Wednesday, May 27, 2009


Whenever I get feedback from my editor or copy editor, I quickly open the envelopes and read what they have to say. Then I walk away from their advice for a few days(sometimes a week.) Something powerful happens in that time period. I may be doing other things, but thoughts often drift to my story. Usually when I return to the notes, I'm ready to begin.

Two weeks ago when I received both the copy editor's and the historian's notes, I was a couple of days away from leaving for Shannon's graduation. My mind was consumed with that event. But I read the notes before leaving.

Last week, I started back to work. As I explained in an earlier post, I've been tackling the queries, bird by bird, page by page. Making the changes hasn't been too difficult--

Except for three scenes I need to rewrite to make them historically correct. (I will think twice before covering a twenty-six year span in a story again.) Yesterday I rewrote one of the scenes, but today I'm facing the others. The added pressure of already being late doesn't help.

So what's a writer to do?

Escape to the kitchen a few times to sneak a spoonful of cashew butter.

Watch the birds eat outside my kitchen window.

Light a candle.

Then it's back to work!

At this stage, it's important that I use the same color pencil for my changes. Since the copy editor chose red and my editor chose a regular lead pencil, I selected green. Directions on the copy edited notes request that all queries be answered with a sharp pencil. So whenever I get to those difficult parts, I stop and head toward the sharpener.

Several times in the last few days, I've misplaced that pencil.

Yesterday I was in a panic, searching for it. "Have you seen my pencil?" I asked Shannon.

She laughed. "It's behind your ear."

Was misplacing my pencil wishful thinking? I have an understanding editor, but I doubt she'd appreciate a call from me, stating, "I've lost my green pencil so the manuscript will be even later than I thought."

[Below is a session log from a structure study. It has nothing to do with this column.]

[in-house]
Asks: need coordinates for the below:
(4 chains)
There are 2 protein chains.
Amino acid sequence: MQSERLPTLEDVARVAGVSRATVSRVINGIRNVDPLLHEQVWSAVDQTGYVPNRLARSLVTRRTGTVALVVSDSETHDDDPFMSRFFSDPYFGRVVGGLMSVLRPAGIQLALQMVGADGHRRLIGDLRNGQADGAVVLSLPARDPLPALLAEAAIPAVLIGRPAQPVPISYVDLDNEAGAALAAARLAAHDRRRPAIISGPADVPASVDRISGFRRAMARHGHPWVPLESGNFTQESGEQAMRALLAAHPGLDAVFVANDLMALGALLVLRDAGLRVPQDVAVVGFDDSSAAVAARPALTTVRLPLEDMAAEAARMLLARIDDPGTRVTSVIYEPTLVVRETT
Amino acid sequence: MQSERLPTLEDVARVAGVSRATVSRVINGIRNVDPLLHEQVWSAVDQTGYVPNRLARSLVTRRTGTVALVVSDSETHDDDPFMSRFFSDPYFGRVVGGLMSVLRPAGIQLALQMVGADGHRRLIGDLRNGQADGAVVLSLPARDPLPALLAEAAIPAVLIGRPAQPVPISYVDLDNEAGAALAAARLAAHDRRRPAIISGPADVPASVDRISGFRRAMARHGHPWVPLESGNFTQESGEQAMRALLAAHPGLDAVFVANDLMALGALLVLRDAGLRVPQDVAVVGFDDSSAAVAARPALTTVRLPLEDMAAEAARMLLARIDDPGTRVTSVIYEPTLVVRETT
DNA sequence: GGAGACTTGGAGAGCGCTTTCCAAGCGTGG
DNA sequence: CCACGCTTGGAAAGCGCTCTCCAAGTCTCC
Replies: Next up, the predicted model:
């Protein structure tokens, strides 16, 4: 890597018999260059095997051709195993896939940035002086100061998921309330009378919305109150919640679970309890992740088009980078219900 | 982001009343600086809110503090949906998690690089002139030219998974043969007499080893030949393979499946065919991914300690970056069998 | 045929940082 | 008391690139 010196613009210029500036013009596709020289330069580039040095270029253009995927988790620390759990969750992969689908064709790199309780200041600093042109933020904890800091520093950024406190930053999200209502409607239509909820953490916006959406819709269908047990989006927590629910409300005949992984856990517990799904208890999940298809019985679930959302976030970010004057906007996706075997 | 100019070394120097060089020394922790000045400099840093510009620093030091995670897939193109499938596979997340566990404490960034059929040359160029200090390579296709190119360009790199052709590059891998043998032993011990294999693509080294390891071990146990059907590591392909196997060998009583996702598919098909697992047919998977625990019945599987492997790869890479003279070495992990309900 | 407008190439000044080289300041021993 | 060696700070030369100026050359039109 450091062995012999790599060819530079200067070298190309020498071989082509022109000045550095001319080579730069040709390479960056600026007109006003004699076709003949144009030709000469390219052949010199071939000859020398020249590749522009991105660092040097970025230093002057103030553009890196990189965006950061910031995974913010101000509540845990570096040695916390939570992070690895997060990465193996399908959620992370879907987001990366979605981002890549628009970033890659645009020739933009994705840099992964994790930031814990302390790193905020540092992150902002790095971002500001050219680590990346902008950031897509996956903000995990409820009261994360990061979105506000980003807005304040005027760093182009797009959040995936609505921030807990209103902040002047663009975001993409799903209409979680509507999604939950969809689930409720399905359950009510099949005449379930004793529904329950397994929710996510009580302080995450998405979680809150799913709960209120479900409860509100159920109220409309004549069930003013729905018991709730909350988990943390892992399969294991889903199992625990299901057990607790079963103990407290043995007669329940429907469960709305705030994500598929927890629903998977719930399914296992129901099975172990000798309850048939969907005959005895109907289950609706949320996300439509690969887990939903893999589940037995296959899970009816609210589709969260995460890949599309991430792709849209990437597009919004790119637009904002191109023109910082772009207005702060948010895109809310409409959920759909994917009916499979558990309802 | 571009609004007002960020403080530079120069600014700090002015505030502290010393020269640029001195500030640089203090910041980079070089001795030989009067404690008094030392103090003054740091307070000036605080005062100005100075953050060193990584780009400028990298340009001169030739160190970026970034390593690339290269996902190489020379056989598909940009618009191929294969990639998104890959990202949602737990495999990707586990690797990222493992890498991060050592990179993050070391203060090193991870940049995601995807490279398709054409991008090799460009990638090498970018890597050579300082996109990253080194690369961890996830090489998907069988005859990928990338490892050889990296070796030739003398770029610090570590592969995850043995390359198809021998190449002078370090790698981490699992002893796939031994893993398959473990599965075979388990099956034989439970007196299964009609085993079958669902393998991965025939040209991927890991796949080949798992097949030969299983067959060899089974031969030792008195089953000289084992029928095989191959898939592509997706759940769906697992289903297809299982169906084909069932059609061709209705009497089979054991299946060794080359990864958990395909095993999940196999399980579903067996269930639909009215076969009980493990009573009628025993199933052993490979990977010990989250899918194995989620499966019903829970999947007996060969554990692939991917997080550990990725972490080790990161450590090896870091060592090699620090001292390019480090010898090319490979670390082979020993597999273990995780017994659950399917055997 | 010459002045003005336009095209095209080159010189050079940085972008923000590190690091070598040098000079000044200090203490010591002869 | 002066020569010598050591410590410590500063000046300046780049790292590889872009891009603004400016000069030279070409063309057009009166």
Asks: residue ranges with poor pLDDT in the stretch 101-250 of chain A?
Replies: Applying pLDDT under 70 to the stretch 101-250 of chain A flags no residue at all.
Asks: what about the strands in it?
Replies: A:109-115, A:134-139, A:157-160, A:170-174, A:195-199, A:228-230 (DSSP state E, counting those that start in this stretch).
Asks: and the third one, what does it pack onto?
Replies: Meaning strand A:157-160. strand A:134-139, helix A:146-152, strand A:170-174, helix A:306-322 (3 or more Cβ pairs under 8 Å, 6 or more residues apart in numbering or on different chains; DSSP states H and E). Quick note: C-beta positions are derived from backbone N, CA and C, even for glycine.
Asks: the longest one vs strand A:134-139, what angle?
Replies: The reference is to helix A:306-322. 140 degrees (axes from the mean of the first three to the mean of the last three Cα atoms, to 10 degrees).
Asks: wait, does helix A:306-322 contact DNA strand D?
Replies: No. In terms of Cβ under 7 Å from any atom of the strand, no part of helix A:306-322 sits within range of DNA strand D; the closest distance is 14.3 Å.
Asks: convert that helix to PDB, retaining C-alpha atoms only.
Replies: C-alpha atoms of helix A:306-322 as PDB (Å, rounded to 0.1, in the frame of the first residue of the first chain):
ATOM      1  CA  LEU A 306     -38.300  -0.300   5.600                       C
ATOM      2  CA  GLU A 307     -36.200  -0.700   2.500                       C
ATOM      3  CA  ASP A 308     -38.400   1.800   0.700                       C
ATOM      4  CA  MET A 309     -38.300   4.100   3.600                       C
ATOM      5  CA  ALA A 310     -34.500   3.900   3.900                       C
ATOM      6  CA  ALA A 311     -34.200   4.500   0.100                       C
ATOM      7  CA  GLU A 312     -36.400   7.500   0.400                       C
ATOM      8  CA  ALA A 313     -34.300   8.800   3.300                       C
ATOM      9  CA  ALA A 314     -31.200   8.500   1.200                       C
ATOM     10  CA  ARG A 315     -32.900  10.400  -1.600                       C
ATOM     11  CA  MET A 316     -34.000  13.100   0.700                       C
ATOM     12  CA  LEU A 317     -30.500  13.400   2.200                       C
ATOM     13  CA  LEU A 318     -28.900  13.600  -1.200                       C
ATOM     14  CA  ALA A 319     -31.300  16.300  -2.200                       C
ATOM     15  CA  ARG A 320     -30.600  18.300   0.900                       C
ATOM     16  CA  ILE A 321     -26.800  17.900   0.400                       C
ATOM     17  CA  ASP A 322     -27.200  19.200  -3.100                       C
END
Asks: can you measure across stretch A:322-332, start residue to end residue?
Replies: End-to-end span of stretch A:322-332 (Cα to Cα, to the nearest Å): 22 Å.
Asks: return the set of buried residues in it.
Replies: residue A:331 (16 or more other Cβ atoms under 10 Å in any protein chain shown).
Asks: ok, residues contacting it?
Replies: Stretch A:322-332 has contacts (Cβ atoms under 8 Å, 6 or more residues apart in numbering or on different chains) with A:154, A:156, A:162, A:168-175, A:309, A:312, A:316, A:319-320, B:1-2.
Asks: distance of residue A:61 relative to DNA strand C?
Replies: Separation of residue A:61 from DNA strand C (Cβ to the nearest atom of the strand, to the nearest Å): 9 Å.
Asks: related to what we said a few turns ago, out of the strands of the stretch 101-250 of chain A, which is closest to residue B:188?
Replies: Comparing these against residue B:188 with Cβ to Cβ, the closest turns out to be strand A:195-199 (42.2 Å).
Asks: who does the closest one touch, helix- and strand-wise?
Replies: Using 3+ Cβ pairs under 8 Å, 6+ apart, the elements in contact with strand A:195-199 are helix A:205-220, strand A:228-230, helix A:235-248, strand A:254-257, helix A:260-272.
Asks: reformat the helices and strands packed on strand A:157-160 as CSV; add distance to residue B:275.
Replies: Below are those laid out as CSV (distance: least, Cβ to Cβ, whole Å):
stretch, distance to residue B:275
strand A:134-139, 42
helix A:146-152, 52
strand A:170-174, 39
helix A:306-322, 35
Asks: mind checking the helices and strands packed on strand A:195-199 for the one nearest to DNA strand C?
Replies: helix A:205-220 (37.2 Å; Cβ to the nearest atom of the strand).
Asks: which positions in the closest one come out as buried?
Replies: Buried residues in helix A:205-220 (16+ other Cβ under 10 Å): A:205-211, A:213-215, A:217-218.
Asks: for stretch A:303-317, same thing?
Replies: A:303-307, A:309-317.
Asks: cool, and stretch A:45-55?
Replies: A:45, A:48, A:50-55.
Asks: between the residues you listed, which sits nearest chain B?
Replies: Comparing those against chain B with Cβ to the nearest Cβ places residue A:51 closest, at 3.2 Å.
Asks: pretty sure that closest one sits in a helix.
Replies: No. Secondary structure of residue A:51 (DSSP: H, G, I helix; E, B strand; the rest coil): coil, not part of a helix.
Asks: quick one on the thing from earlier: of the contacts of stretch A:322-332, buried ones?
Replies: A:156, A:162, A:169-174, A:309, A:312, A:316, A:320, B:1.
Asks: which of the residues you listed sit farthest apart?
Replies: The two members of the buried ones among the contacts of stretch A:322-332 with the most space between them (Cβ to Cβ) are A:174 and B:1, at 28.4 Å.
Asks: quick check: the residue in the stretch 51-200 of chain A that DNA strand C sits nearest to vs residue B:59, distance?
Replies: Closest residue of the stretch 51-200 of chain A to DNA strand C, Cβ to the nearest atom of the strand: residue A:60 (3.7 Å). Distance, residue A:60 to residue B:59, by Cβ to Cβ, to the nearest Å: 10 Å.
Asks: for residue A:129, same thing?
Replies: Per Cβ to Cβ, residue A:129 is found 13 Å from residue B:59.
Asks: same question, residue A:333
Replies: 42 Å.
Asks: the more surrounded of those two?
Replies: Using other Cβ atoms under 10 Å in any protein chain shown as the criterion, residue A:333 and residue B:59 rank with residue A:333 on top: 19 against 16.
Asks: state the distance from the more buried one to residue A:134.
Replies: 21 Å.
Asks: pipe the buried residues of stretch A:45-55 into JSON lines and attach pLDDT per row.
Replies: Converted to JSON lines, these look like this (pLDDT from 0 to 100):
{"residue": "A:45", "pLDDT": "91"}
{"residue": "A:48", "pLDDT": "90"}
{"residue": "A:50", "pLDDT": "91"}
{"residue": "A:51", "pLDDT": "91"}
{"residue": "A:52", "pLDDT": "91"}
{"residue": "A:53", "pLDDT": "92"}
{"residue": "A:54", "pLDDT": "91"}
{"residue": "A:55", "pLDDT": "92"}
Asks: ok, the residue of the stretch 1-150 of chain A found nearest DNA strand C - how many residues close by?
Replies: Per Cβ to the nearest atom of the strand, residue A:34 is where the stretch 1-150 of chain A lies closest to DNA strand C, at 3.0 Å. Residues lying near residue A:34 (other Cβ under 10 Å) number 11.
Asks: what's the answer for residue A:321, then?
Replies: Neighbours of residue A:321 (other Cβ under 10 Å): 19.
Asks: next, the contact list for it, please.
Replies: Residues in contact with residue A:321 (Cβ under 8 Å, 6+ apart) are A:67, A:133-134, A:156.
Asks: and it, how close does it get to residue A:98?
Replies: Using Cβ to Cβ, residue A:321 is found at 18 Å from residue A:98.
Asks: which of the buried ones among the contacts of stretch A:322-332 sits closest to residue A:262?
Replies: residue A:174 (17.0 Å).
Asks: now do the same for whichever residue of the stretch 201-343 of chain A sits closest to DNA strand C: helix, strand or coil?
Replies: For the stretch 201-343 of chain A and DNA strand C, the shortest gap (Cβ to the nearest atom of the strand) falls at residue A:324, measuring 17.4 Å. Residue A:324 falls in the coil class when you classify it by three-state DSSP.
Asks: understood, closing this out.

Such go the days of a procrastinating writer.

But even with all the dread of facing those difficult parts, I've awakened every day, feeling such gratitude for those notes and the people that cared enough to write them.


  1. Thanks so much Kimberly, for giving a peek into your writing world! It's fascinating! I hope to be where you are one day . . . I, too, am working on a historical novel (for MG readers) & it's good to know that some publishers will have a historian look over the manuscript.

  2. Thanks, Crystal. I asked for one because, I knew the chances were I'd overlooked something. I've researched this book for a long time, but there was so much area to cover.

    Good luck on your historical. That's exciting.

  3. Oooo-ooo-ooo! Can't wait to read this one. We are both working on historical novels and revising at the same time. That's got to be good mojo. And it means we'll run into each other next year, maybe several times -- hooray!

    Thanks again for the guest spot last week. Good luck with revisions.

  4. Hi Kimberly,
    I had to come and visit you after your story on TRACY'S blog this morning. WOW, is all I can say. I loved your blog entry and I am sure that I would love your books.
    I want to read 'Keeper of the Night'.
    I also am a procrastinator. What is that all about?
    Anyway, I am glad to meet you through TP. She attracts the most interesting wonderful girl's. I just wanted to say Hi and I will be sure to check in often.
    Thanks again for the story on Tracy's blog about rejection. It will help me persevere with my quilt patterns. I will think of you and your signing books.
    Have a Happy Day!
    kelly g

  5. Debbie,

    I read your blog this morning. It's so funny how much we have in common--even our work cycles! I mailed the manuscript today. We just returned from celebrating at a Middle Eastern restaraunt. You've certainly have had big things to celebrate, but I'll bet you agree with me about celebrating the little ones, too.

    Thank you, again for allowing us a peek inside your home.


    Thank you for stopping by the nest. Don't you love Tracy's blog? She is such a wonderful supporter of the creative process. I especially loved what she had to say today.

    Thank you for your kind remarks about my comment about rejection. And no, I don't know what it is about the creative process and procrastination. This may sound like I'm defending it, but I believe that sometimes stepping away from a project helps me be more creative. I just can't use that for an excuse too often.

    I'm going to check out your blog too. I hope you will stop by the nest again, soon.